Wednesday, 3 August 2016

Greenland ice melt

Deep-blue ponds and streams highlight melting on Greenland Ice Sheet


16 July, 2016



The Greenland Ice Sheet is melting at a near-record pace, thanks to some unusually warm weather and early season surges.

An image captured by NASA's Earth Observing-1 satellite shows the effects. The site recorded, about 300 miles north-northeast of Nuuk, shows a landscape etched with dark blue melt ponds and streams – a sharp contrast to the mostly white conditions recorded in the same place in 2014.




IDL TIFF file


IDL TIFF file


This year's melt is characterized by three spikes in the spring, reported the National Snow and Ice Data Center in Boulder, Colorado. "At this point, the pace rivals but is slightly behind the record surface melt and runoff year of 2012 (record since 1979), although ahead of the three preceding seasons," the center said in its most recent Greenland status report.

The 2012 melt season was extraordinary, reaching 97 percent of the ice sheet at some point that summer, the NSIDC reported. On a single day in July of that year, nearly the entire ice sheet was melting, NASA reported then.

The 2014 melt season, though not nearly as dramatic as the 2012 season, was considered a high-melt year, the NSIDC reported.


This year, the melt so far has been concentrated in western and southwestern Greenland, tracking the the unusually warm temperatures, the NSIDC said. The air temperature in Nuuk, the capital and biggest community, hit 75 degrees on June 9, the highest June temperature ever recorded in Greenland.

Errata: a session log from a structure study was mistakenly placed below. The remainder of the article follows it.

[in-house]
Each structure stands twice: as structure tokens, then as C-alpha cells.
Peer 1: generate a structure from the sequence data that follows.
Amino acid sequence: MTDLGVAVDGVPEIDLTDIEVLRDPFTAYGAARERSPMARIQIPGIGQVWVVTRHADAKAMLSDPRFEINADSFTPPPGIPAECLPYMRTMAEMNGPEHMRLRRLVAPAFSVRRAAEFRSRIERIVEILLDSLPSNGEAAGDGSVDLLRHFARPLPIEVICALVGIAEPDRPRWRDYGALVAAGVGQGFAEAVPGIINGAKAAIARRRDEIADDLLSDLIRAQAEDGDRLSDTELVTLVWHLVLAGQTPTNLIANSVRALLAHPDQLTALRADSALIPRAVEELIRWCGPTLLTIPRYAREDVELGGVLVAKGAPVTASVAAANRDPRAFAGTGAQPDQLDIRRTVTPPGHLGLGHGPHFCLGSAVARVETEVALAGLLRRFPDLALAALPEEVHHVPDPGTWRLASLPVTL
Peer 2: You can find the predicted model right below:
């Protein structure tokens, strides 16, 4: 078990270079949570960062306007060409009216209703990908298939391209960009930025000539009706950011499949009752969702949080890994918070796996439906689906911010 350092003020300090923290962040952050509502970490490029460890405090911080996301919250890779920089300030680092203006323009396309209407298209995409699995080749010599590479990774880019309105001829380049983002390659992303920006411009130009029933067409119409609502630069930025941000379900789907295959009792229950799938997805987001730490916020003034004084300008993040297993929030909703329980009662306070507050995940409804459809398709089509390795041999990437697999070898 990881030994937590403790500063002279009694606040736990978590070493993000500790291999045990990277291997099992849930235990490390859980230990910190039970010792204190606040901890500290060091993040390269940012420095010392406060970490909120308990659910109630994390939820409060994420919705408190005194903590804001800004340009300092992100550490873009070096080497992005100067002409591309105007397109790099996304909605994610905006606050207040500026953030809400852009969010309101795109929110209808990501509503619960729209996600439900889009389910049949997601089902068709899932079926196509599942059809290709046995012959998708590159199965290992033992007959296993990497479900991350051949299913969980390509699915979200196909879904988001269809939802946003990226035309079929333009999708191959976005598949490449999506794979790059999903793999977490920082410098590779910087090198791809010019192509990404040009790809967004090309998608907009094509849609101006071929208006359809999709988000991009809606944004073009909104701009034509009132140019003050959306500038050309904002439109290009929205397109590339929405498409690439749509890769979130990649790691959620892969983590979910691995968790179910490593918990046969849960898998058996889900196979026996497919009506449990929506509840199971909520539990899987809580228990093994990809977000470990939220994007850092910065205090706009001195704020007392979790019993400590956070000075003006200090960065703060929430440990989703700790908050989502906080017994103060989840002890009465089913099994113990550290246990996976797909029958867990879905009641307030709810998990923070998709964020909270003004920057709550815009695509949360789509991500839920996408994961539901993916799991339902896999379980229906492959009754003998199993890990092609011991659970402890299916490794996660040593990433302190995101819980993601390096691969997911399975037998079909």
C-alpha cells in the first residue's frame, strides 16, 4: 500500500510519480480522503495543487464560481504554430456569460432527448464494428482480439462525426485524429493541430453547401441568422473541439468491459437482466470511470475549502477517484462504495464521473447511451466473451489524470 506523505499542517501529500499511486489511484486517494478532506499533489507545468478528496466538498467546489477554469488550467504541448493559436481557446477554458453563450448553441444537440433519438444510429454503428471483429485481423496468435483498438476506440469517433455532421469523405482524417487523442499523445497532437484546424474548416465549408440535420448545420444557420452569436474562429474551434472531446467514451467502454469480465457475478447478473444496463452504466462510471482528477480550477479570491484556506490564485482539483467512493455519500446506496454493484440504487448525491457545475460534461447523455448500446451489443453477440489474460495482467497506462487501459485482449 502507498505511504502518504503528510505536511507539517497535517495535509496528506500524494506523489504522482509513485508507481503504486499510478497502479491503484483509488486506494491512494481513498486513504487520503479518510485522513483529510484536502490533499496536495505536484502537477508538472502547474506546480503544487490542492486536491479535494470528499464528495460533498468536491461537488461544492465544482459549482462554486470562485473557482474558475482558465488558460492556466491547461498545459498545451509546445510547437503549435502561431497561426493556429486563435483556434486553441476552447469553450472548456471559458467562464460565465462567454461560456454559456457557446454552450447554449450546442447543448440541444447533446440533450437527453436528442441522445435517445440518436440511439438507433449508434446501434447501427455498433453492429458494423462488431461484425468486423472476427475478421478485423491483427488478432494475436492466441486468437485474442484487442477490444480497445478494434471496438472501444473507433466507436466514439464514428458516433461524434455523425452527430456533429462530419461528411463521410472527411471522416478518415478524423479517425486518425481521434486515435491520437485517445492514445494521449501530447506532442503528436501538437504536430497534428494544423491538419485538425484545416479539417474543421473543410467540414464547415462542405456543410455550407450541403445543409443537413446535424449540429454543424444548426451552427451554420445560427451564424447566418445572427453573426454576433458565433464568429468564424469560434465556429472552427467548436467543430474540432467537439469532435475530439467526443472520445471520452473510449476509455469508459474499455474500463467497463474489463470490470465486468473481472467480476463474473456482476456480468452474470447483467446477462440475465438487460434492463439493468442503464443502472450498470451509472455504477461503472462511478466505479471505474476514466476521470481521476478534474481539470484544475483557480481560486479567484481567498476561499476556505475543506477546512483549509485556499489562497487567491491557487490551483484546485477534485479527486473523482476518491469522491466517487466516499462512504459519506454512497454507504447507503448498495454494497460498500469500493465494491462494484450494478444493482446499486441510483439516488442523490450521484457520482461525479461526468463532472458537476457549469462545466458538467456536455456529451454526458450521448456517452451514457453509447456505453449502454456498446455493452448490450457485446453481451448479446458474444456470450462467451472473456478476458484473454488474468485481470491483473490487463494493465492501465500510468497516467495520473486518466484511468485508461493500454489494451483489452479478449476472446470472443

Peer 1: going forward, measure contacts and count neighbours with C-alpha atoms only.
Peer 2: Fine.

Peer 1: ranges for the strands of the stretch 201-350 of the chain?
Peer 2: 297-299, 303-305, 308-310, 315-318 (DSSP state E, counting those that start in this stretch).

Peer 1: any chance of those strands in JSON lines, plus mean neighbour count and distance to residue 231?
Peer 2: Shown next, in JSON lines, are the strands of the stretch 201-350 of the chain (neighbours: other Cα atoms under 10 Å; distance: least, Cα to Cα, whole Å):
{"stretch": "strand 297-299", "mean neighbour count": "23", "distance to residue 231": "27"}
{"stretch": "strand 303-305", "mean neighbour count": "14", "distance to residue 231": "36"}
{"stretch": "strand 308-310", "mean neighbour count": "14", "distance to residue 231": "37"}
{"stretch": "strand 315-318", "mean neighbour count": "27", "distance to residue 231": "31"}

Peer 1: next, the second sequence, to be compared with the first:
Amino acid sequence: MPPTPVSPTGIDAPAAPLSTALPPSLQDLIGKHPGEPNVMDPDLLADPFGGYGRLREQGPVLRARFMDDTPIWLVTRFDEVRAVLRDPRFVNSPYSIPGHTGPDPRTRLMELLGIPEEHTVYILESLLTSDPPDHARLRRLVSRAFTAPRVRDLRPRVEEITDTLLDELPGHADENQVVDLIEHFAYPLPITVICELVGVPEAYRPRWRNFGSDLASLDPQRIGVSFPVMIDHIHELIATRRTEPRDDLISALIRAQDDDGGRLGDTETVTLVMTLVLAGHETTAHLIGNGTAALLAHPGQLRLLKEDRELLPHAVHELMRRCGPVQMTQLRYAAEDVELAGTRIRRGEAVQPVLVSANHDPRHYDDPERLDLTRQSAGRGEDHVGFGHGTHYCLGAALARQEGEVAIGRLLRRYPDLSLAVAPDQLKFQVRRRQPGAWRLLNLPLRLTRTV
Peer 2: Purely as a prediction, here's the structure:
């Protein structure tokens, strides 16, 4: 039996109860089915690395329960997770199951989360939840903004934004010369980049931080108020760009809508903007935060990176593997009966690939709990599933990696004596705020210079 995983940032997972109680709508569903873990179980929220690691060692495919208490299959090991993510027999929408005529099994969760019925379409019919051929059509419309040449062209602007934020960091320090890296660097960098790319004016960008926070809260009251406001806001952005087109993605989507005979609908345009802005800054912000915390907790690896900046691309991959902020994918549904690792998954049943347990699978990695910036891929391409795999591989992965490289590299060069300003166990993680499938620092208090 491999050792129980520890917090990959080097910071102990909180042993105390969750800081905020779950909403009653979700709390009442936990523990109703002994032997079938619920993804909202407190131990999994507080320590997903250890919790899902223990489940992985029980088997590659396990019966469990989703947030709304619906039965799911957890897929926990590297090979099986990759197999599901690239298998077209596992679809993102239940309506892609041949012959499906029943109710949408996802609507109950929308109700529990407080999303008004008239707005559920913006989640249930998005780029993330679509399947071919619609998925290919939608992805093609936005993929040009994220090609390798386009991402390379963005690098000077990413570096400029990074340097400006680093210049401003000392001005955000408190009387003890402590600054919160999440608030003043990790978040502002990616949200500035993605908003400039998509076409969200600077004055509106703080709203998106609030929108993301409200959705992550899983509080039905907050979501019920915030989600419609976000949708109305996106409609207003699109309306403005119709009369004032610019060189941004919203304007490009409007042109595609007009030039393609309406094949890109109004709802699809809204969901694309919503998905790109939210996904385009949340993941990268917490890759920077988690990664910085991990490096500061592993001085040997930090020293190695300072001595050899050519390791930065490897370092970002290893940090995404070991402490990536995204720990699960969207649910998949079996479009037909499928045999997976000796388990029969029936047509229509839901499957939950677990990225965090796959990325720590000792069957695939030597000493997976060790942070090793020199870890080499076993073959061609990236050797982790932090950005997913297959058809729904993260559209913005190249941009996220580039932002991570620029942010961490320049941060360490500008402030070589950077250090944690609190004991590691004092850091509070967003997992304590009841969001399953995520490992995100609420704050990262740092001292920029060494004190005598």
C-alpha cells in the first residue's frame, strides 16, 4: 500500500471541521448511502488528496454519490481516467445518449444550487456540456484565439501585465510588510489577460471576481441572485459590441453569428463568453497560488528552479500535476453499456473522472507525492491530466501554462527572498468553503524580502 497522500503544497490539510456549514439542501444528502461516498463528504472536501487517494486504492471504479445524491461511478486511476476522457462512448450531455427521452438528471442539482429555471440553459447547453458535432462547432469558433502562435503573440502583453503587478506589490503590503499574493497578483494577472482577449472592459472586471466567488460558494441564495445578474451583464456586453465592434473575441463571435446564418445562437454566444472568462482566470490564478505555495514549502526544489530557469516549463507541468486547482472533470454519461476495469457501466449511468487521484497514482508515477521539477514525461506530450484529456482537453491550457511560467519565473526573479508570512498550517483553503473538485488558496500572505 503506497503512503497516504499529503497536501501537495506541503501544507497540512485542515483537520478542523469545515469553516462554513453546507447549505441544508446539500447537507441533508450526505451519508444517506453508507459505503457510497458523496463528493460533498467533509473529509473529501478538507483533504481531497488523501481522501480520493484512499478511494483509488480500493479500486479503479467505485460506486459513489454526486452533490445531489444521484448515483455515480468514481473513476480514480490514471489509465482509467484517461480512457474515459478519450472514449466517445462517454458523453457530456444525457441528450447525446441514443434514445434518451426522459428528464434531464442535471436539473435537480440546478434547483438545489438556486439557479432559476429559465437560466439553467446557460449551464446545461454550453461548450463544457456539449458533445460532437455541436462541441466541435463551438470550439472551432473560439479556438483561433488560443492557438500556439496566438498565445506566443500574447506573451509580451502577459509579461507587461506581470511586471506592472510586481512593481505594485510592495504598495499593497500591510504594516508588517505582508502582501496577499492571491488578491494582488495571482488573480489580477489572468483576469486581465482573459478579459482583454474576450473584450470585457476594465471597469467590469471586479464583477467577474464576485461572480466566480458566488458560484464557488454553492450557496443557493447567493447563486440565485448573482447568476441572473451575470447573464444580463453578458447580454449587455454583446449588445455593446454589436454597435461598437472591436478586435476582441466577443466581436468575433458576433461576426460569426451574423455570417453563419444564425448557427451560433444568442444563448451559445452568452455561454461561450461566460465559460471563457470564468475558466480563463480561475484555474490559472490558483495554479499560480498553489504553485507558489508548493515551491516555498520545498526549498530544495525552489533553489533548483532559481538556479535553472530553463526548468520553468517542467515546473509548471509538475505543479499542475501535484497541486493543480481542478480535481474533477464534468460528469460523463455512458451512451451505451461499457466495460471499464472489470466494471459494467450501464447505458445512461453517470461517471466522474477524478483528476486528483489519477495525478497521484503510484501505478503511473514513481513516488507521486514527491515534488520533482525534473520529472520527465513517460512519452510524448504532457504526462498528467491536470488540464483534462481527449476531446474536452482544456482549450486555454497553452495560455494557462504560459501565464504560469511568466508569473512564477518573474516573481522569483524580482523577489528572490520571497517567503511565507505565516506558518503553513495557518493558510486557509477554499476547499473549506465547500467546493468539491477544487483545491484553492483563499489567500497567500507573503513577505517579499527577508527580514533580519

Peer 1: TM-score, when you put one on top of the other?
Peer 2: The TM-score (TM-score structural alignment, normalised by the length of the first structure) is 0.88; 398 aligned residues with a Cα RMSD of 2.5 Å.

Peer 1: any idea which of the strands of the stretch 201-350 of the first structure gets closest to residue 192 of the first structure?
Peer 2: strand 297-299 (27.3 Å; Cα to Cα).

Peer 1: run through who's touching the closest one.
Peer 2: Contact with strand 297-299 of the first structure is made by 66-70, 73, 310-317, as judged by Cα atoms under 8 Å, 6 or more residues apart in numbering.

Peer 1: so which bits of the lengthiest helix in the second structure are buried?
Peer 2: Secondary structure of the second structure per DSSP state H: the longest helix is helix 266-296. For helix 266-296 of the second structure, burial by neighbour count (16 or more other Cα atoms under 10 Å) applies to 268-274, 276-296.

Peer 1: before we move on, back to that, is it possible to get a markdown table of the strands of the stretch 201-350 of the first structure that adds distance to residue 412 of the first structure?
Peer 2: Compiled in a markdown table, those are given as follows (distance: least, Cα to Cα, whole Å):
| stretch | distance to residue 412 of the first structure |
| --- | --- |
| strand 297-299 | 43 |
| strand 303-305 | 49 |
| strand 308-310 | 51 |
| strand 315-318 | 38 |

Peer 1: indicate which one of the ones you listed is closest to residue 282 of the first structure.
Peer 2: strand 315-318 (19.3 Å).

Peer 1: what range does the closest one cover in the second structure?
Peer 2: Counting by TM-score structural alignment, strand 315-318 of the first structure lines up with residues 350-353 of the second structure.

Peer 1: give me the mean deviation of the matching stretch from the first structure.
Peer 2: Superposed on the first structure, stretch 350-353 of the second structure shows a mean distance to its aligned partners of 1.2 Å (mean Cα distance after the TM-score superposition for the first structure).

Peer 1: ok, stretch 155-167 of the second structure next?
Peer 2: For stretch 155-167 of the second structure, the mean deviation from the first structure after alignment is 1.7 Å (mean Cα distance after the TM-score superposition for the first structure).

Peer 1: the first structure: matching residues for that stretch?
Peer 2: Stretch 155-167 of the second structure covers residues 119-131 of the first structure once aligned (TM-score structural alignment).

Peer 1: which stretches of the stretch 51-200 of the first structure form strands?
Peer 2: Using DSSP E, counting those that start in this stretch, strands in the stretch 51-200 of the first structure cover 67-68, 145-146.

Surface melt can have significant effects, NASA said. The resulting meltwater contributes directly to sea-level rise when it flows into the ocean and indirectly when it seeps down below the bases of glaciers and speeds up the breakdown of that ice, NASA said. The dark ponds and lakes created by the melt also darken the ice sheet's surface, absorbing more solar energy and reinforcing the melt cycle, NASA said.

"All these processes tend to accelerate further melting through so-called positive feedback mechanisms," Marco Tedesco, of Columbia University's Lamont Doherty Earth Observatory, said in a NASA statement. "The more melting you have, the more melting will increase in a way that melting feeds on itself. I call this melting cannibalism."

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